Rolling Stone - 10/28/93, p.783.5 Stars
- Good - "...there is rock after 40....John Hiatt touts craft and class...secure in the knowledge that he's a man who's already got soul..."
Entertainment Weekly - 10/1/93, p.56
"...a decidedly edgier offering than his last solo effort, 1990's STOLEN MOMENTS....Lucky for us, Hiatt hasn't forsaken his aching, bluesy, balladic side..." - Rating: B+
Q - 1/94, p.86
Included in Q's list of 'The 50 Best Albums Of 1993' - "...there's a youthful exuberance to the album that places it closer to the pop mainstream than anything this accomplished songsmith has done before...."
Q - 10/93, p.1064 Stars
- Excellent - "...[PERFECTLY GOOD GUITAR] pits Hiatt's turbulent vocal style and hard-edged writing...against a band who sound as if they're getting the hang of the material for the first time..."
Musician - 10/93, p.87
"...[John] Hiatt's PERFECTLY GOOD GUITAR eschews the contented, balladic approach in favor of a guitar-driven, band-fueled album that's mostly about turning out to be restless after all...Hiatt's most fun album in ages..."
Village Voice (3/1/94, p.5) - Ranked #38
in the Village Voice's 1993 Pazz & Jop Critics Poll.
Personnel: John Hiatt (vocals, guitar, piano, organ); Michael Ward, Matt Wallace (guitar); Ravi Oli (electric sitar); John Pierce (bass); Brian MacLeod (drums, percussion); Dennis Locorriere, Jean McClain, Shaun Mariani (background vocals).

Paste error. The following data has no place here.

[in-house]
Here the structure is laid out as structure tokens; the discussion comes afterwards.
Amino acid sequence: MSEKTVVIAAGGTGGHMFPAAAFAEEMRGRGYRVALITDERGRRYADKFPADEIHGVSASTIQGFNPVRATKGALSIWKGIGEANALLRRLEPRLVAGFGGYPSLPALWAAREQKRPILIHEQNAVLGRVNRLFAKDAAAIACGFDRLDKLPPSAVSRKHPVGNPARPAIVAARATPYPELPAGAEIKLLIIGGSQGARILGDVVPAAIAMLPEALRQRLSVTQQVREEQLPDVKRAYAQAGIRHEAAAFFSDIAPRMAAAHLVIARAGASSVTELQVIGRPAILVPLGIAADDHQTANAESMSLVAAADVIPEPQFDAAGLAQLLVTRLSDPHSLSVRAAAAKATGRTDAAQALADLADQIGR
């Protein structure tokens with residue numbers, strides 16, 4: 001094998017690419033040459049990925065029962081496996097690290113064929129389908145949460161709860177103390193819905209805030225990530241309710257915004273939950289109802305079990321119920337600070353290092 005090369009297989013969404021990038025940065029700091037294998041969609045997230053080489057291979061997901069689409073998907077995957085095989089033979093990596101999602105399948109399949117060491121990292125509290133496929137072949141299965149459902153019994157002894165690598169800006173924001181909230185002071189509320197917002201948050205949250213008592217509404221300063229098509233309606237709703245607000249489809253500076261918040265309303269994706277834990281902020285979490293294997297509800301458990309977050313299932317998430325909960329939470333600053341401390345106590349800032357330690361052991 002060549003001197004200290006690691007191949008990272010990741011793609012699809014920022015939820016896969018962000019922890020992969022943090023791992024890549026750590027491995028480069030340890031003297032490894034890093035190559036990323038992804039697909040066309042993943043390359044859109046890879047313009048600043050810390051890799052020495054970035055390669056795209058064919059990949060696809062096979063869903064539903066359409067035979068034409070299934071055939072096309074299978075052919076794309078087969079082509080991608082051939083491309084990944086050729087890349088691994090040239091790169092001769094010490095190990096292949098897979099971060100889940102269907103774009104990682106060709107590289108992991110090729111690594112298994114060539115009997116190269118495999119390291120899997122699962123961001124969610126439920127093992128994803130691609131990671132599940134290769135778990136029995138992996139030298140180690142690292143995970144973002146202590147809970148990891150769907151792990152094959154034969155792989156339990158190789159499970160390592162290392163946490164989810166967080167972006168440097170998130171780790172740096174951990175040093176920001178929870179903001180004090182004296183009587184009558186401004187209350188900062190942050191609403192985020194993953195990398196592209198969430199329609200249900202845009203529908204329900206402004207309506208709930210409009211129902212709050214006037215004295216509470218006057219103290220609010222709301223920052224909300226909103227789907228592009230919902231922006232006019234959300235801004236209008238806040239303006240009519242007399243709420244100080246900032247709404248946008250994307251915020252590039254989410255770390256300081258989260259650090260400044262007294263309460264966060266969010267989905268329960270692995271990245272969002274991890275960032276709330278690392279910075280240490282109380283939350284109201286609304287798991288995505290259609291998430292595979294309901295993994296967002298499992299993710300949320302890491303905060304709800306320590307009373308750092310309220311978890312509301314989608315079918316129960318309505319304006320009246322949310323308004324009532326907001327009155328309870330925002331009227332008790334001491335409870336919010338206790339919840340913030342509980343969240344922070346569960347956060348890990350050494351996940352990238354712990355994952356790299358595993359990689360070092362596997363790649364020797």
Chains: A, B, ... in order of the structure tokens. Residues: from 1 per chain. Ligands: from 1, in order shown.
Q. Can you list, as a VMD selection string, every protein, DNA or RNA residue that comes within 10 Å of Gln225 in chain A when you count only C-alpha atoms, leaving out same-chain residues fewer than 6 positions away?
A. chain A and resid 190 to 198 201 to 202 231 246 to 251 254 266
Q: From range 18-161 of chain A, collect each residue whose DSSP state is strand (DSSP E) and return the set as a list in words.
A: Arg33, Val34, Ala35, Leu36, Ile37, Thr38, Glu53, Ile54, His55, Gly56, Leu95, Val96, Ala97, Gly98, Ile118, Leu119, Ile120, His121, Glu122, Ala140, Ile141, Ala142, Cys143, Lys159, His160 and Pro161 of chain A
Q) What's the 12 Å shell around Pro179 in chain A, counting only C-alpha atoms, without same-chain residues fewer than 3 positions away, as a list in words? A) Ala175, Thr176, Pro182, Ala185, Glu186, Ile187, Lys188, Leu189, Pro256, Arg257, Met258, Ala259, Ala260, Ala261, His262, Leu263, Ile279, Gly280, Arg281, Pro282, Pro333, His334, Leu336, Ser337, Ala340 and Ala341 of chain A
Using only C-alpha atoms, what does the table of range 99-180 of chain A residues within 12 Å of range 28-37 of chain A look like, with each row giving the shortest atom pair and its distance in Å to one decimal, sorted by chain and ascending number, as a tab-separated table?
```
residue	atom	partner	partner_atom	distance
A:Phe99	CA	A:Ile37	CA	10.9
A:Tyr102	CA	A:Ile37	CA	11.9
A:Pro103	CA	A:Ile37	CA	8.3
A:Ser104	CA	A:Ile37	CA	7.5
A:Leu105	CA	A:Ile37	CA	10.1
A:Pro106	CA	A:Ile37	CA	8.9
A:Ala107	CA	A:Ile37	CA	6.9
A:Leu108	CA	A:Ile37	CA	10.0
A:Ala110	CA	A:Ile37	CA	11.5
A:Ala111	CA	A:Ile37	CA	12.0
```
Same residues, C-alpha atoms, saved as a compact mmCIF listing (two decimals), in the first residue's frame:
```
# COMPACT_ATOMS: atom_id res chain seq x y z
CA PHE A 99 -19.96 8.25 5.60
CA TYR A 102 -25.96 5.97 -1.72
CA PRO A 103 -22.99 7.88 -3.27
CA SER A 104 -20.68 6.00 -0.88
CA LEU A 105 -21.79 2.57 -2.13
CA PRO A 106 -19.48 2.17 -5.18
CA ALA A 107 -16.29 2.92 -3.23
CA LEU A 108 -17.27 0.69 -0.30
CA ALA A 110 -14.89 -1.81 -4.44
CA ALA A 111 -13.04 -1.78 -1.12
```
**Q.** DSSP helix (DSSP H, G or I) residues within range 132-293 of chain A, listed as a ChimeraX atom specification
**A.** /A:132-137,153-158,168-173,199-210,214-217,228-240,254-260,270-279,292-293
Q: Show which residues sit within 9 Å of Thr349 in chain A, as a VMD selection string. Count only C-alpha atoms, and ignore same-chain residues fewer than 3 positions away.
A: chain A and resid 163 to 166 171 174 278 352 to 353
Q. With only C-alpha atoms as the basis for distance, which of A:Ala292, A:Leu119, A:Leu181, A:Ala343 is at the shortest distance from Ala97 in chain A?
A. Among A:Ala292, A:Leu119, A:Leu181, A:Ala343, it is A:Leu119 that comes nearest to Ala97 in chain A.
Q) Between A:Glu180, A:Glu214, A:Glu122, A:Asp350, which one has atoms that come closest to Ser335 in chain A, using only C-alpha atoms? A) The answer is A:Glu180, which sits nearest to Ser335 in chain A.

Personnel: John Hiatt (vocals, guitar, piano, organ); Matt Wallace , Michael Ward (guitar); Ravi Oli (sitar); Brian Macleod (drums, percussion); Dennis Locorriere, The Studio Sausages, Shaun Mariani, Jean McClain (background vocals).
Audio Mixer: Matt Wallace .
Recording information: Conway Studios; Ocean Way Recording Studios, Hollywood, CA.
PERFECTLY GOOD GUITAR is John Hiatt's finest album of the '90s. The title track, which got quite a bit of airplay on 1993's then nascent adult album alternative radio format, is one of his most brilliant songs ever. It's a funny yet deceptively serious song examining the correlation between the way rock stars name their guitars after women, and the way they ritualistically destroy guitars onstage. The fact that it also has the best, catchiest chorus of Hiatt's career doesn't hurt, either.
Hiatt is relaxed, witty, and even playful throughout, balancing folky ballads and tough roots-rockers with grace and spirit. He's seemingly buoyed by his increasing fame as a songwriter of repute--Bonnie Raitt's excellent version of his "Thing Called Love" did both of their careers a world of good--and thankfully leaves behind the turbulence of his '80s personal life.